Write a function, max_or_min, which accepts two positional arguments, x and y (which will hold numerical values), and a mode variable that has the default value "max".

The function should return min(x, y) or max(x, y) according to the mode. Have the function return None if mode is neither "max" nor "min".

Include a descriptive doc-string.

Accommodating an Arbitrary Number of Positional Arguments

Python provides us with a syntax for defining a function, which can be called with an arbitrary number of positional arguments. This is signaled by the syntax def f(*<var_name>).

# The * symbol indicates that an arbitrary number of
# arguments can be passed to `args`, when calling `f`.
def f(*args):
    #  All arguments passed to `f` will be "packed" into a
    #  tuple that is assigned to the variable `args`.
    # `f()`  will assign `args = tuple()`
    # `f(x, y, ...)` will assign `args = (x, y, ...)`
    return args

Because Python cannot foresee how many arguments will be passed to f, all of the objects that are passed to it will be packed into a tuple, which is then assigned to the variable args:

# pass zero arguments to `f`
>>> f()
()

# pass one argument to `f`
>>> f(1)
(1,)

# pass three arguments to `f`
>>> f((0, 1), True, "cow")
((0, 1), True, "cow")

This syntax can be combined with positional arguments and default arguments. Any variables specified after a packed variable must be called by name:

def f(x, *seq, y):
    print("x is: ", x)
    print("seq is: ", seq)
    print("y is: ", y)
    return None
>>> f(1, 2, 3, 4, y=5)  # `y` must be specified by name
x   is:  1
seq is:  (2, 3, 4)
y   is:  5
>>> f("cat", y="dog")  # no additional positional arguments are passed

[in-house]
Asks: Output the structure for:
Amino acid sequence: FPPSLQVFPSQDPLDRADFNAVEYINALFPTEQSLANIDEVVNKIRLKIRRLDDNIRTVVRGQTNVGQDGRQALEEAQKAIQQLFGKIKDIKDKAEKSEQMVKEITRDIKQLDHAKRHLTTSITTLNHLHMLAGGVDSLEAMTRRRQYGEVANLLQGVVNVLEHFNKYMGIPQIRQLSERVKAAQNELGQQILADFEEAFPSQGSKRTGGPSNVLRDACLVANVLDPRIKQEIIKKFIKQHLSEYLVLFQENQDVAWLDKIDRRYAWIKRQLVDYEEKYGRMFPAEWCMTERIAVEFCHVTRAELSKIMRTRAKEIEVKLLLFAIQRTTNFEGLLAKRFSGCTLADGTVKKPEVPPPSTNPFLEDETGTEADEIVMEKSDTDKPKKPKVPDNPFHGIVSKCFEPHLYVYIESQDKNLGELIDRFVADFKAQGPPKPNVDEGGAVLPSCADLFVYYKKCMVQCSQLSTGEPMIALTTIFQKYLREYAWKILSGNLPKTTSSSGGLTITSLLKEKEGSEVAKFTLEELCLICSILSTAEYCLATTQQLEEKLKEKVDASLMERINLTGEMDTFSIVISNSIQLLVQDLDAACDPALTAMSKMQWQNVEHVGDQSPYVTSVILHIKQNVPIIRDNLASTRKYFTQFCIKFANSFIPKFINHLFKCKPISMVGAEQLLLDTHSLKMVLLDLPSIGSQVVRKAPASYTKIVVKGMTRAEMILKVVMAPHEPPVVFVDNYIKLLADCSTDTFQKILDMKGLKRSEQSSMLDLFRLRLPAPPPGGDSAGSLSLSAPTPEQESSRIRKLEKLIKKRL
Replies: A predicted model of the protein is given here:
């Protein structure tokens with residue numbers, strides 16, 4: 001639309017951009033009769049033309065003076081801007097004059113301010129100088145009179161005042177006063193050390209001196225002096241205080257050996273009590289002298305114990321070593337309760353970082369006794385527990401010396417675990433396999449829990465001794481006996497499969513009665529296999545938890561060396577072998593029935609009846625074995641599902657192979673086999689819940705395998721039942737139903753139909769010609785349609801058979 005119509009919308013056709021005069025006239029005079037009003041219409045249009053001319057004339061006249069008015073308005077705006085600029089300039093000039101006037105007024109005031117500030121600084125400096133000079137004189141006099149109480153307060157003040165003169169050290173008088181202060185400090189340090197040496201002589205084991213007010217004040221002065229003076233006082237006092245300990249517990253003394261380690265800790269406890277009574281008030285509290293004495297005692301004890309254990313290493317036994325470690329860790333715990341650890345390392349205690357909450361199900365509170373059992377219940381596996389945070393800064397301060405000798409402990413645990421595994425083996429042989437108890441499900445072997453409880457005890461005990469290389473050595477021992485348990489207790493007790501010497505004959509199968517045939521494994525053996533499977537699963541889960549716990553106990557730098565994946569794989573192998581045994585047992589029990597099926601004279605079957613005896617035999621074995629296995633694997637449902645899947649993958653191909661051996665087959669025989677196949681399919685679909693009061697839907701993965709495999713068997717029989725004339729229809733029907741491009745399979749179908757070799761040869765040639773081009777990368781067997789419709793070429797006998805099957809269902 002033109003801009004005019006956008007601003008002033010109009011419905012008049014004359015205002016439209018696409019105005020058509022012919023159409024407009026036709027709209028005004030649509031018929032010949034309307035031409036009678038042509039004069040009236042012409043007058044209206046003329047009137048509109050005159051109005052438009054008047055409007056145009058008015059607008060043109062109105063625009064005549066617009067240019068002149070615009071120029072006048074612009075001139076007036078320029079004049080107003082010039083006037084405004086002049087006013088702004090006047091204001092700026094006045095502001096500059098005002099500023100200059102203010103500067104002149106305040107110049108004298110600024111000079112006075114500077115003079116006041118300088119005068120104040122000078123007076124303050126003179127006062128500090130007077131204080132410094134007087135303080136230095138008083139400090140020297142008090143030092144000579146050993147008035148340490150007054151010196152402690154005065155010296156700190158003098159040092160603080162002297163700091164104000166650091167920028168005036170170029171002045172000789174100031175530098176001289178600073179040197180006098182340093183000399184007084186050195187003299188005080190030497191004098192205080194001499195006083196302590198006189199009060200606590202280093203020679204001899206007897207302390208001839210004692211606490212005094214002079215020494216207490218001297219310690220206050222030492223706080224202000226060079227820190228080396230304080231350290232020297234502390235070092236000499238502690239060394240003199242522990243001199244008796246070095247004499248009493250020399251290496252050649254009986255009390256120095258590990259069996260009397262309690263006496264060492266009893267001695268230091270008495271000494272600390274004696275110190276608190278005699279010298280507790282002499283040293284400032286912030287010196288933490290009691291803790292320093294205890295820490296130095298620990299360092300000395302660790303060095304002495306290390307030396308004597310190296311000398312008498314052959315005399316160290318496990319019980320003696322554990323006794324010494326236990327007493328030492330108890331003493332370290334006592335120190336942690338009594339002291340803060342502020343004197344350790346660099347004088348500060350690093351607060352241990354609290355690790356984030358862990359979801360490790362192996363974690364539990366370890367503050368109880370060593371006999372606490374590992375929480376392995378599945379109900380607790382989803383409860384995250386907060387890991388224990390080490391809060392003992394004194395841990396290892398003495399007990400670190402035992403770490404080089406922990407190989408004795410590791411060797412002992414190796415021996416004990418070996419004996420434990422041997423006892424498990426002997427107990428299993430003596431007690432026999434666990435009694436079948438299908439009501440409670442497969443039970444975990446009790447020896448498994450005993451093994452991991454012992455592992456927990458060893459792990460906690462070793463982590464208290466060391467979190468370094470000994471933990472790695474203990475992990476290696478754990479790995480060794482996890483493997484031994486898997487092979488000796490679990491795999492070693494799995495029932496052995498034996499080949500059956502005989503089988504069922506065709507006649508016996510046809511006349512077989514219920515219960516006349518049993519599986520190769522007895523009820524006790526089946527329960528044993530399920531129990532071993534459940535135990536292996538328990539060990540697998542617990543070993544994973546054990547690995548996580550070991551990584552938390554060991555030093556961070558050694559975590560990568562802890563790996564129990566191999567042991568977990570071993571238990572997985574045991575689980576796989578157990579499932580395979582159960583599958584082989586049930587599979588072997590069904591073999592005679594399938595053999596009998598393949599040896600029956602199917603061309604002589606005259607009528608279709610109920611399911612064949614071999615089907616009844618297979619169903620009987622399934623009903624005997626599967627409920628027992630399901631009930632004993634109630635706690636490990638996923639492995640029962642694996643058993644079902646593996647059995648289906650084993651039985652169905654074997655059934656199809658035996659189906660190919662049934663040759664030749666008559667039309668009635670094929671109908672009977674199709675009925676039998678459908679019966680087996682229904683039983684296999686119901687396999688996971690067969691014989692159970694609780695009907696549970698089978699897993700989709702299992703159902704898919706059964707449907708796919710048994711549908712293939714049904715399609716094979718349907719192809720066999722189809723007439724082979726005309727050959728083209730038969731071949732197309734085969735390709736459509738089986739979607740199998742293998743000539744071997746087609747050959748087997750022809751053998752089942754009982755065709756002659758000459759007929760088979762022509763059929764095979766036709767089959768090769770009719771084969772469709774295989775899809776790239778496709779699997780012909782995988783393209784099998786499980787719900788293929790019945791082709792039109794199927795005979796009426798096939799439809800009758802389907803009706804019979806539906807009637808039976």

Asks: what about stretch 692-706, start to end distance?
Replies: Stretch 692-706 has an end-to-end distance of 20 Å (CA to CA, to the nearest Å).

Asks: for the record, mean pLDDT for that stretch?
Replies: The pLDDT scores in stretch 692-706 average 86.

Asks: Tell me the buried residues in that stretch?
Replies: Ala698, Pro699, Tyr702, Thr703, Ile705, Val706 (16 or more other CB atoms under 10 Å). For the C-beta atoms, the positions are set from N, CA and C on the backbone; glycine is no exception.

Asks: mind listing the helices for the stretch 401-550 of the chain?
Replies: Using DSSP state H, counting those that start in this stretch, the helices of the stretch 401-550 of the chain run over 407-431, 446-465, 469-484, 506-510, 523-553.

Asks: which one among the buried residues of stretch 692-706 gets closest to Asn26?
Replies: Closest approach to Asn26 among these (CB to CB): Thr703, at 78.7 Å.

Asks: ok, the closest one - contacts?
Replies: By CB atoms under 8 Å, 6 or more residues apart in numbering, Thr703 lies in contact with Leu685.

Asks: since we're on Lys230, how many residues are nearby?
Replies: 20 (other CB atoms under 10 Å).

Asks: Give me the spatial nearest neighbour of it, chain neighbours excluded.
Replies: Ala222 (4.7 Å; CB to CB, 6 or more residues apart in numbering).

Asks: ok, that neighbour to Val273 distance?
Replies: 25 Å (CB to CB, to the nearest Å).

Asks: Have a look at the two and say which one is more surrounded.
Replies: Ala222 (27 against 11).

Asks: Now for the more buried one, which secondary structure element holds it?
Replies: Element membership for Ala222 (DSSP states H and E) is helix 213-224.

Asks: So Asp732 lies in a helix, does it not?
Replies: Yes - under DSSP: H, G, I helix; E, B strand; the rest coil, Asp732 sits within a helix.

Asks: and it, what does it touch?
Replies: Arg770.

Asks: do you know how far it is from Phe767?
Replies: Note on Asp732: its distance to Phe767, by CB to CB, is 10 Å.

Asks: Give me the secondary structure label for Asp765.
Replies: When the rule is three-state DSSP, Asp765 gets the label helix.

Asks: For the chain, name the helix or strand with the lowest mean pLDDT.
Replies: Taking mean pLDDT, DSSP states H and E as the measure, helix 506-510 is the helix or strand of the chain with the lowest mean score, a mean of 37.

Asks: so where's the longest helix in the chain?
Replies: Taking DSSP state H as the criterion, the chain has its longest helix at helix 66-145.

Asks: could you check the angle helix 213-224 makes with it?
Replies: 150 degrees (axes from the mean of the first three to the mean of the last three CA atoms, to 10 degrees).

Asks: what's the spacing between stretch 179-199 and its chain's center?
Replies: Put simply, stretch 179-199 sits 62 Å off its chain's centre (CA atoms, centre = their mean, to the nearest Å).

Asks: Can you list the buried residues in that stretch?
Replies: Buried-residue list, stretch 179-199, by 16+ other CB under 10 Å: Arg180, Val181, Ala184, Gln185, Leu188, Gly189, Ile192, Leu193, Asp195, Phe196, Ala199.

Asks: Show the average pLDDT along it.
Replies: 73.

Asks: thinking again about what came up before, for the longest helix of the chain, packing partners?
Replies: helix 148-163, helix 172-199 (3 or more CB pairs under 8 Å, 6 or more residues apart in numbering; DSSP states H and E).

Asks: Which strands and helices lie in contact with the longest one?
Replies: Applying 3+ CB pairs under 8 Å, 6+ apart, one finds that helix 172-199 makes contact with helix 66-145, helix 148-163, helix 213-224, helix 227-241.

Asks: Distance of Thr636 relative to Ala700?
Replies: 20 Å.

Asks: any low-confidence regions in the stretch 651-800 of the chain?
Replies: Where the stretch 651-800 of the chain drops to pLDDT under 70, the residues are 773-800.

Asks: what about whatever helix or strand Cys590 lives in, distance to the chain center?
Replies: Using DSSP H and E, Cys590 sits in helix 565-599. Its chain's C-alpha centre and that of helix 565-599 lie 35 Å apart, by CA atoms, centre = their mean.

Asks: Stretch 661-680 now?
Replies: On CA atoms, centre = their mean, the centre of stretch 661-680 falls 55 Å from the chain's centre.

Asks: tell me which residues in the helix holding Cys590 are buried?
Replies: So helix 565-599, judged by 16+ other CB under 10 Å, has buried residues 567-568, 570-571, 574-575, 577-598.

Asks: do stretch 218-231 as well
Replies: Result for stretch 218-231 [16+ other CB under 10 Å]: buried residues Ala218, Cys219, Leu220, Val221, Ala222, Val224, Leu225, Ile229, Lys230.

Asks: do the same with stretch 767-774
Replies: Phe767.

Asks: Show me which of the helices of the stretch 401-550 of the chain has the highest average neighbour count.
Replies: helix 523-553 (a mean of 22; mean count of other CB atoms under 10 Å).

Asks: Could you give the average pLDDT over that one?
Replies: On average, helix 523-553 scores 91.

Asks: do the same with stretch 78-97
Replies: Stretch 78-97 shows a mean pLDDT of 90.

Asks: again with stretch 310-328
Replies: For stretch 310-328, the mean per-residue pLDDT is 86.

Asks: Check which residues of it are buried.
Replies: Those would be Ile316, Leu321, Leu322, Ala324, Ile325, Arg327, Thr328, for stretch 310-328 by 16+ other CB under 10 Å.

x   is:  "cat"
seq is:  ()
y   is:  "dog"

Reading Comprehension: Arbitrary Arguments

Write a function named mean, which accepts and arbitrary number of numerical arguments, and computes the mean of all of the values passed to the function. Thus mean(1, 2, 3) should return \(\frac{1 + 2 + 3}{3} = 2.0\)

This function should return 0. if no arguments are passed to it. Be sure to test your function, and include a docstring.

We see that * indicates the packing of an arbitrary number of arguments into a tuple, when used in the signature of a function definition. Simultaneously, * signals the unpacking of an iterable to pass each of its members as a positional argument to a function, when used in the context of calling a function:

# Using `*` when calling a function, to unpack an
# iterable. Passing its members as distinct arguments
# to the function

def f(x, y, z):
    return x + y + z

>>> f(1, 2, 3)
6

# `*` means: unpack the contents of [1, 2, 3]
# passing each item as x, y, and z,
# respectively
>>> f(*[1, 2, 3])  # equivalent to: f(1, 2, 3)
6

In the following example, we use * to:

  1. Define a function to accept an arbitrary number of arguments, which get packed into a tuple.
  2. Call the function, passing it an arbitrary number of arguments, by unpacking an iterable.
def number_of_args(*args):
    return len(args)
>>> number_of_args(None, None, None, None)
4

>>> some_list = [1, 2, 3, 4, 5]

# passing the list itself as the sole argument
>>> number_of_args(some_list)
1

# unpacking the 5 members of the list,